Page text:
The two categories can represent very different types of risk, but the risks of these accounts are not mutually exclusive. In the case of no-use, no-pay accounts, the consumer could be suggesting (by not remitting payment) that they did not understand the fees being assessed to the card upfront or that they no longer want the card (possibly due to its fees). Either of those scenarios might suggest compliance and/or reputation risk. Or, financial stress may be preventing the cardholder from making the first payment due. With no-use, no-pay accounts, the bank generally has not lost cash because no payment has been made to merchants. Rather, if the account never pays, the bank would have lost costs incurred in originating the account. However, in the case of use, no-pay accounts, the bank has remitted payment to merchants for the purchases, and if the cardholder does not pay, the bank will not recover the amount given to the merchant (unless the transaction is subject to charge-back). Use, no-pay accounts might be an indication of fraudulent activity. Or the lack of payment may be due to financial stress. If that is the case, it may suggest flawed underwriting criteria, particularly if the volume is substantial. Subprime portfolios usually reflect higher rates of first-payment default than do prime portfolios.
Collection strategies for delinquent accounts vary, often depending on whether delinquency is considered early stage or late stage and on the type of account. Typically, accounts in earlier delinquency stages require less collection effort than those in later stages. Early-stage collection efforts often include statement messaging and letters to the cardholder. Later-stage collection efforts usually consist of frequent calls to the cardholder and may also encompass enrollment in defined repayment programs that are discussed later in this chapter. Accounts that are both over-limit and delinquent generally require strong collection efforts as do subprime accounts.
The examiner's evaluation of past due loans may incorporate the Lagged Delinquency Ratio which is the ratio of credit card loans that are past due 30 days or more plus those credit card loans on non-accrual measured against total outstanding credit card loans on a three quarter lag (total outstanding loans approximately 270 days, or three quarters, prior to the current period). It is particularly helpful when a bank has experienced rapid growth. A large volume of new loans being booked can mask credit problems by artificially lowering the current delinquency ratio as new loans (which would not yet be delinquent) are added to the denominator. A relatively high ratio can be an early warning sign of weak underwriting standards and potential future delinquency problems as the loans season.
The accuracy and integrity of the bank's system for reporting past due credit card loans is critical to the proper and timely identification of credit risk. The examiner's evaluation of past dues and the associated credit risk considers the bank's partial payment, non-accrual, and re-aging practices, as well as the volume and trends of delinquencies. It also considers whether minimum payments are sufficient to reasonably amortize the debt.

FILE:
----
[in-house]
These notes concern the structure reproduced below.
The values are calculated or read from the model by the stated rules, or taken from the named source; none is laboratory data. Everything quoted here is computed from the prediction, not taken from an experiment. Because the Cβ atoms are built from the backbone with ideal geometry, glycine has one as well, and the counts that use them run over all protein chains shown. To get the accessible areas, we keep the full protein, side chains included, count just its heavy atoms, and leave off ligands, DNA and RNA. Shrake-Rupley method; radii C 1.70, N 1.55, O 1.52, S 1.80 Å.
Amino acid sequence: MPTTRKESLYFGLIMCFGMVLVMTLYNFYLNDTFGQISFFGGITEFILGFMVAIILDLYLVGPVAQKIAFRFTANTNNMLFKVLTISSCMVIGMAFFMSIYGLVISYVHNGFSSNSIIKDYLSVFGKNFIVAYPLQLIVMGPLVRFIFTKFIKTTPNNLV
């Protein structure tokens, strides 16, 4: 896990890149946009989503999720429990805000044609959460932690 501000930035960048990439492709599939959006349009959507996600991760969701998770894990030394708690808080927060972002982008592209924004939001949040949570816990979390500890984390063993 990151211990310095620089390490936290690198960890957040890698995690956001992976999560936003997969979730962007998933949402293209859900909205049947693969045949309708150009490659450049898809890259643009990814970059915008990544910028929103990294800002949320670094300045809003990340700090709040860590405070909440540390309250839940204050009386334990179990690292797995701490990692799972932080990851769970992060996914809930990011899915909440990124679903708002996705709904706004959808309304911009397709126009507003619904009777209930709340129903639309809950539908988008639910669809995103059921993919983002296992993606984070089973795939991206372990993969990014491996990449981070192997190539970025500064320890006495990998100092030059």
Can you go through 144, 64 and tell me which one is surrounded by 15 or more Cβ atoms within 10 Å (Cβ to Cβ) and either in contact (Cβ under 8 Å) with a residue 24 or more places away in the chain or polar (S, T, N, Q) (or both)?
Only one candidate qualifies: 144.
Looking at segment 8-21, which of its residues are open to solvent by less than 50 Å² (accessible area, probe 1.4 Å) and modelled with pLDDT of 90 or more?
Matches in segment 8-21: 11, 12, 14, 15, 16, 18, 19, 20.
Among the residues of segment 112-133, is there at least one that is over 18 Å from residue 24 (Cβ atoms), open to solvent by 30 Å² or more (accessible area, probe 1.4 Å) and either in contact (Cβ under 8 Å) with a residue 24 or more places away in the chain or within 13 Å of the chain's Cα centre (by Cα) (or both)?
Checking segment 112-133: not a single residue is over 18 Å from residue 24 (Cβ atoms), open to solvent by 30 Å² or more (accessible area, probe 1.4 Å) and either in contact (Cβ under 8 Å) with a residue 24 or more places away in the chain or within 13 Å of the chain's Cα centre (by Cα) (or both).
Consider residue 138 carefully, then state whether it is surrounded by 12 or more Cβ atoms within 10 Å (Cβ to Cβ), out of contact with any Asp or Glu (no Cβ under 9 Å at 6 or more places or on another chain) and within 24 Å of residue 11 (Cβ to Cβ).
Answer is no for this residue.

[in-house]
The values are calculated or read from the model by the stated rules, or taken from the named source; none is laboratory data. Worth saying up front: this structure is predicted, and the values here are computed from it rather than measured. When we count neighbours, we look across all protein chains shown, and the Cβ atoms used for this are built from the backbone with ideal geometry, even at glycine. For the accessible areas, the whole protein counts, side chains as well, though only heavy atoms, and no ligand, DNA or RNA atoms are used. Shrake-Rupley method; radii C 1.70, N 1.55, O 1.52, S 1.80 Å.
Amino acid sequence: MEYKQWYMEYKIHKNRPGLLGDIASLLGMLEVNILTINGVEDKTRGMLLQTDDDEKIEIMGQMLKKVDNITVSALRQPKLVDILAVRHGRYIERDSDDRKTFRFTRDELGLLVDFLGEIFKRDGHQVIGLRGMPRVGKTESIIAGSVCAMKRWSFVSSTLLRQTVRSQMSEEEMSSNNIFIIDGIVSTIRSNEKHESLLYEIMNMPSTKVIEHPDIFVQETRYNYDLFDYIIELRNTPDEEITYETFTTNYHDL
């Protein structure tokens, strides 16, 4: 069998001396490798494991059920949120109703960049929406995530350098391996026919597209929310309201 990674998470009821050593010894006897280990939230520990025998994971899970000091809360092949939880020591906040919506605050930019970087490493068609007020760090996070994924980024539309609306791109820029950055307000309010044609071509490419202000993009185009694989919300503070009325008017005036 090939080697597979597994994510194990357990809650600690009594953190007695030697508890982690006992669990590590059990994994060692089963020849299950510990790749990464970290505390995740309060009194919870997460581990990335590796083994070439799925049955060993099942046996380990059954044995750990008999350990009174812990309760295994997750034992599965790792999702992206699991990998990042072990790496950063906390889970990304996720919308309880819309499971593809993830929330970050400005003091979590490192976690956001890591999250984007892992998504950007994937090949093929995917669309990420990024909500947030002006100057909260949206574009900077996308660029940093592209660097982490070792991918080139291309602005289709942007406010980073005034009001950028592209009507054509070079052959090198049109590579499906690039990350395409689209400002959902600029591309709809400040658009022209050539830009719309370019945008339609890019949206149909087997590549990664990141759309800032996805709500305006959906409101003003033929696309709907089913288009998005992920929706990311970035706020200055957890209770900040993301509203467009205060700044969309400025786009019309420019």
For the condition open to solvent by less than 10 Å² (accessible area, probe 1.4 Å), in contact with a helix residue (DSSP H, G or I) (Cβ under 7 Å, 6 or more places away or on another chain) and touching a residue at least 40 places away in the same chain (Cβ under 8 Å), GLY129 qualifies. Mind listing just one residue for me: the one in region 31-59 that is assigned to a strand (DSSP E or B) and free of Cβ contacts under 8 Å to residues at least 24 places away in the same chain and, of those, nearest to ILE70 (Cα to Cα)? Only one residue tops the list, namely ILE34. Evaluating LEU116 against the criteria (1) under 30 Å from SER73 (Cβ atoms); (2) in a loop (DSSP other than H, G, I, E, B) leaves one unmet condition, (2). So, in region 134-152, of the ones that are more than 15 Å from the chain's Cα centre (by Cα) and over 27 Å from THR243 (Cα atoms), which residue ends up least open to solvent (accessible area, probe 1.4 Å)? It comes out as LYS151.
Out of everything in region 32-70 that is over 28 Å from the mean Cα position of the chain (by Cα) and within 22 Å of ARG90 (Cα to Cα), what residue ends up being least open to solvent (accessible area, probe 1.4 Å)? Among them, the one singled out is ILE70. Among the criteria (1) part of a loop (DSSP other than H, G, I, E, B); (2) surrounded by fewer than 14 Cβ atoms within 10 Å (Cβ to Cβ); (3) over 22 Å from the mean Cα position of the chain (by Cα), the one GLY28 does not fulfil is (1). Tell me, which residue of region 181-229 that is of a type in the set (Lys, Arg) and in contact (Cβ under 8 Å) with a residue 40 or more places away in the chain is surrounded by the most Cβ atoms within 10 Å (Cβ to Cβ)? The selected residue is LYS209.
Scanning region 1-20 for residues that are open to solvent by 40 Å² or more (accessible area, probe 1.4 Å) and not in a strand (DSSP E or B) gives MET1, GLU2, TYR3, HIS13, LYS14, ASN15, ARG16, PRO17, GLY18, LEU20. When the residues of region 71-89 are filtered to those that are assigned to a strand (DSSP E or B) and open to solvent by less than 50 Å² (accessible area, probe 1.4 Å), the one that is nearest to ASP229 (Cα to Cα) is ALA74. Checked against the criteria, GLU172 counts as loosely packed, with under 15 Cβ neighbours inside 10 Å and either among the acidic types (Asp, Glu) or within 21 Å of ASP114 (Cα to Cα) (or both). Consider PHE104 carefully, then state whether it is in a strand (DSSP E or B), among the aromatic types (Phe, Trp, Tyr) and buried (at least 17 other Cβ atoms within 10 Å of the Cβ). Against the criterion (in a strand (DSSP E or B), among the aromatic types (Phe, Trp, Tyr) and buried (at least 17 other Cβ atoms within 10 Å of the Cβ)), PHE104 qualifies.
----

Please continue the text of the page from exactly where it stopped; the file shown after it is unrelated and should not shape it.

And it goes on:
The Uniform Retail Credit Classification and Account Management Policy (Retail Classification Policy) and Call Report instructions address partial payments. A payment equivalent to 90 percent or more of the contractual payment due may be considered a full payment in computing past due status. Alternatively, the bank may aggregate payments and give credit for any partial payment received. For example, if the payment due is $40 per month and the borrower makes payments of $20 per month for a six-month period, then the loan would be $120 ($20 shortfall times six months), or three full months, past due. A bank can use either or both of the methods in its portfolio but may not use both methods simultaneously with one loan. Improper partial payment practices could mask delinquencies and losses.
Regulatory guidelines do not require consumer loans (including credit card loans) to be placed on non-accrual status when principal and interest remain unpaid for 90 days (nor do they require a similar loan secured by a 1-4 family residential property, such as a home equity credit card, to be put on non-accrual status). However, these loans are subject to alternative methods of evaluation to assure that the bank's net income is not materially overstated. Management's non-accrual practices are evaluated on a case-by-case basis.
Proactive non-accrual policies provide a more accurate and timely reflection of actual operating performance. Examples of proactive policies include placing accounts on non-accrual status when the account becomes 90 days past due, when the cardholder enrolls in a Consumer Credit Counseling Services (CCCS) program or workout program, or when the borrower threatens to file for bankruptcy protection. These types of policies can be encouraged; but, the lack of them is not necessarily grounds for criticism. Some credit card servicing platforms do not have the capability to place individual loans on non-accrual. To the extent that a bank elects to carry loans as non-accrual on its books, the bank must also report those loans as non-accrual on its Call Report. Furthermore, when one of a borrower's loans is assigned to non-accrual status, any other loans outstanding to that borrower should be evaluated to determine whether one or more of them should also be assigned to non-accrual status. Lastly, state statues, regulations, or rules that impose more stringent standards for non-accrual of interest take precedence.